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Leading in Education

I am summarizing the book LEADING in a culture of CHANGE to assess what Alameda can do to accomplish "Student Success -Whatever It Takes" in the AUSD Strategic Plan for 2003-2008.

Each component is summarized:

  • Summary Overview of materials presented in the book
  • Educational Examples Examples presented by author of the book
  • Implications in Alameda How the book relates to Alameda
  • Knowledge Creating and Sharing

    Summary

    Knowledge building, knowledge sharing, knowledge creation, knowledge management. Is this just another fad? They could easily become so unless we understand the role of knowledge in organizational performance and set up coresponding mechanisms and practices that make knowledge sharing a cultural value.

    Information is machines. Knowledge is people. Information becomes knoweldge only when it takes on a "social life". Brown and Duguid establish a foundation for viewing knowledge as a social phenomenon:

  • "Knowledge lies less in its databases than its people."
  • "For all information independence and extent, it is people, in their communities, oorganizations, and institutions, who ultimately decide what it all means and why it matters."
  • "A viable system must embrace not just the technological system, but the social system - the people, organizations and institutions involved."
  • "Knowledge is something we digest rather than merely hold. It entails the knower's udnerstanding and degree of commitment."
  • If you remember one thing about information, it is that it only bceomes valuable in a social context.

    Focusing on information rather than use is why sending individuals or teams to external training by itself does not work. Placing changed individuals in an unchanged environment does not work. Change leaders work on changing the context, helping create new settings conducive to learning and sharing that knowledge. If individuals begin sharing ideas about issues they they see as important, the sharing itself creates a learning culture. Ideally, each individual makes an internal commitment to reach a level of mastery in tacit and explicit knowledge and understands they are responsible for sharing.

    Educational Examples

    From the Building Relationships section, we are introduced to Anthony Alvarado work in New York District 2 and San Diego. One of the knowledge-sharing strategies he used is summarized below:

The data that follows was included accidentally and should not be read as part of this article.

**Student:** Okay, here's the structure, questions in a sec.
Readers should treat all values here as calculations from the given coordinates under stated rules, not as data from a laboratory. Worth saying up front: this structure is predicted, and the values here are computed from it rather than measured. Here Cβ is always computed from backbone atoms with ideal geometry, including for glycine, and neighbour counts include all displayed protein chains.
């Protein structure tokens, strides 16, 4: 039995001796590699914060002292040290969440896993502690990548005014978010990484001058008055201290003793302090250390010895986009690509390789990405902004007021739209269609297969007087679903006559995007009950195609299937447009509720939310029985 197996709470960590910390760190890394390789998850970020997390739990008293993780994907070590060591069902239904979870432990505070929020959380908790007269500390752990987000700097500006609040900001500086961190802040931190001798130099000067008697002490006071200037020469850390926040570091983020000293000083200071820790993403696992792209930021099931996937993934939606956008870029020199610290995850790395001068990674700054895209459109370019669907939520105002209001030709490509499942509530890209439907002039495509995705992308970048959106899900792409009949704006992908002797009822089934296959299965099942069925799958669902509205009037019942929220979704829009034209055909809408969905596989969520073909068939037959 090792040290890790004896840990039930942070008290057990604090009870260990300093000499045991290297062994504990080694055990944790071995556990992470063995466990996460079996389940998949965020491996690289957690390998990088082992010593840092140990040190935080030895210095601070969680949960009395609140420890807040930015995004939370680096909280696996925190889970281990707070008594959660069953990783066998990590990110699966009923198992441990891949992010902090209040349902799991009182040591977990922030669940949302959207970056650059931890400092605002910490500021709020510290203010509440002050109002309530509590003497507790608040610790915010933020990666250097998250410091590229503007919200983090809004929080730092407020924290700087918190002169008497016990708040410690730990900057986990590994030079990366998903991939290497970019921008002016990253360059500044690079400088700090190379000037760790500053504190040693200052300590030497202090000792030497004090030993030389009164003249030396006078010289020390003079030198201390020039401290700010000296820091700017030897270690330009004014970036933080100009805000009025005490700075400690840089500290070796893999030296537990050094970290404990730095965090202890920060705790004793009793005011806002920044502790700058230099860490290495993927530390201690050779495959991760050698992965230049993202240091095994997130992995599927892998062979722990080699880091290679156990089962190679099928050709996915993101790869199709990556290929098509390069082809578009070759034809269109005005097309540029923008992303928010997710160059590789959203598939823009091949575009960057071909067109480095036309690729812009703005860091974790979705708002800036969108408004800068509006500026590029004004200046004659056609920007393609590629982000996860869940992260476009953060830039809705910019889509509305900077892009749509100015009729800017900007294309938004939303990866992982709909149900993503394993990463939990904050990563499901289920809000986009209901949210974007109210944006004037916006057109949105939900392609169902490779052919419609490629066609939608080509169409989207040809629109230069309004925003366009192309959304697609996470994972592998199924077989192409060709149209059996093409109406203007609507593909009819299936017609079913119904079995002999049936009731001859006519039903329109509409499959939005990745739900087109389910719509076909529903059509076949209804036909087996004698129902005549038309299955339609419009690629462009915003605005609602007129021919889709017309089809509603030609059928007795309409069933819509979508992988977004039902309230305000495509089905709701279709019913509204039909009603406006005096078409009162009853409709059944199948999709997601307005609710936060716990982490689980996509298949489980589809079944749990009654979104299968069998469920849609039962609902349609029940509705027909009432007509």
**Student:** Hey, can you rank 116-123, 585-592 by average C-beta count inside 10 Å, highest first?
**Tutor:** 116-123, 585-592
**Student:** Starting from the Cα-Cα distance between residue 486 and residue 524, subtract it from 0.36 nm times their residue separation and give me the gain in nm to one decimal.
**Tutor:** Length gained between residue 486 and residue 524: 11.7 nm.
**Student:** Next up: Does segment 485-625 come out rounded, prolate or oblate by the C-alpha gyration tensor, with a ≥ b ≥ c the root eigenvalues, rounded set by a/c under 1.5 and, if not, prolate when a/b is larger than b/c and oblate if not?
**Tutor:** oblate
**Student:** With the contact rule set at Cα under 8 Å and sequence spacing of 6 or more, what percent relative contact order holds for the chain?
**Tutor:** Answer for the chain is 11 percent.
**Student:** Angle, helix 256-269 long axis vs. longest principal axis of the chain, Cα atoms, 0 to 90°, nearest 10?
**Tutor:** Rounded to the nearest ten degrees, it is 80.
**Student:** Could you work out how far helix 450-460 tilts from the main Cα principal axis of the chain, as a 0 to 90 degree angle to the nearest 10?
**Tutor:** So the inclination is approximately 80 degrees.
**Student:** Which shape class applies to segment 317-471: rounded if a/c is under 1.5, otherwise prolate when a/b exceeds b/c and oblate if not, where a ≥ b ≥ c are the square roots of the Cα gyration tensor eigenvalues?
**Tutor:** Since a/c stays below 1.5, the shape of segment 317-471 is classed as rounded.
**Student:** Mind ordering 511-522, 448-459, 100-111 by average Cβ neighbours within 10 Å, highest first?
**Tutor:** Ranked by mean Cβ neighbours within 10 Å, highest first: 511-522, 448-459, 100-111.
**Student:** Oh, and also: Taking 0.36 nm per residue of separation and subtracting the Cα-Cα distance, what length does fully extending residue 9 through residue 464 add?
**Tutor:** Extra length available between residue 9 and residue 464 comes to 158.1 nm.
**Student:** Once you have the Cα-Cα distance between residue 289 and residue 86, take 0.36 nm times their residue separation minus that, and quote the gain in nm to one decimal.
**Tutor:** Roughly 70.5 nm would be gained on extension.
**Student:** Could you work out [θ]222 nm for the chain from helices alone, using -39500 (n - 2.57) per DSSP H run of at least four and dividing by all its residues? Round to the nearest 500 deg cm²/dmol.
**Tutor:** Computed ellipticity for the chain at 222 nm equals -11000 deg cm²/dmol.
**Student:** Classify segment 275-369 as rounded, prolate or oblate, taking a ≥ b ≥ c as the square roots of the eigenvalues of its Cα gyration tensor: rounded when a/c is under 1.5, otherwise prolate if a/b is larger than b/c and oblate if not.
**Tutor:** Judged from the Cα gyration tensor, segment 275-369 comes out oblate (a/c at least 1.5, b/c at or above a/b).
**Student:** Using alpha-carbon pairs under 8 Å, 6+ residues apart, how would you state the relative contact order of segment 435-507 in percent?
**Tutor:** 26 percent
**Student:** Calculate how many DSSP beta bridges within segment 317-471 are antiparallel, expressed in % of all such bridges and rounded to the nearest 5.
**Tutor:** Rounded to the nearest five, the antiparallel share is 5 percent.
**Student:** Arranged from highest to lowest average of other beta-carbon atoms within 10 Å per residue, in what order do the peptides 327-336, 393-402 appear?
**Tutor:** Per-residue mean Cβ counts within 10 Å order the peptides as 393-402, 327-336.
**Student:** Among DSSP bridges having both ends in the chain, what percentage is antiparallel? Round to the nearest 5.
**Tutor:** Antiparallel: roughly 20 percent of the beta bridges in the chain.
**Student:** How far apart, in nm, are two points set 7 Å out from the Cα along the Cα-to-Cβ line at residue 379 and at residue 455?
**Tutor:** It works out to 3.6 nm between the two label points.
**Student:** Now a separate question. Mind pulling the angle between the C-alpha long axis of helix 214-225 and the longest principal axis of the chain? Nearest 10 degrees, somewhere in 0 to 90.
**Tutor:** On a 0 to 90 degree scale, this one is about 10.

Intervisitation and Peer Networks

    Distrit 2 relies on peer networks and visits to other sites, designed to bring teachers and principals into contact with exemplary practices. Intervisitation as it is called within the District and peer consultations are a routine part of the district's daily life both for teachers and principals.

    The District budgets about 300 days of professional time for intervisitation activities. A lot of informal activities are not captured as they happen on an ad hoc basis.

    For prinicpals, regularaly scheduled meetings typically devoted to administrative business, is primarily organized around instructional issues and are called principal's conferences.

    The ability of a District to gain knowledge via evidence based research is exmained in this article.

    Implications in Alameda

    Alameda teachers have experienced varying degrees of knowledge sharing in a number of different areas: Middle School Math Articulation, K-12 staff development within the BASRC schools and Houghton Mifflin Reading Adoption. What additional steps need to take place to continue to encourage peer to peer consultation as a form of professional development?

    Back to Leading in a Culture of Change Summary

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    Last modified: November 12, 2003

    Disclaimer: This website is the sole responsibility of Mike McMahon. It does not represent any official opinions, statement of facts or positions of the Alameda Unified School District. Its sole purpose is to disseminate information to interested individuals in the Alameda community.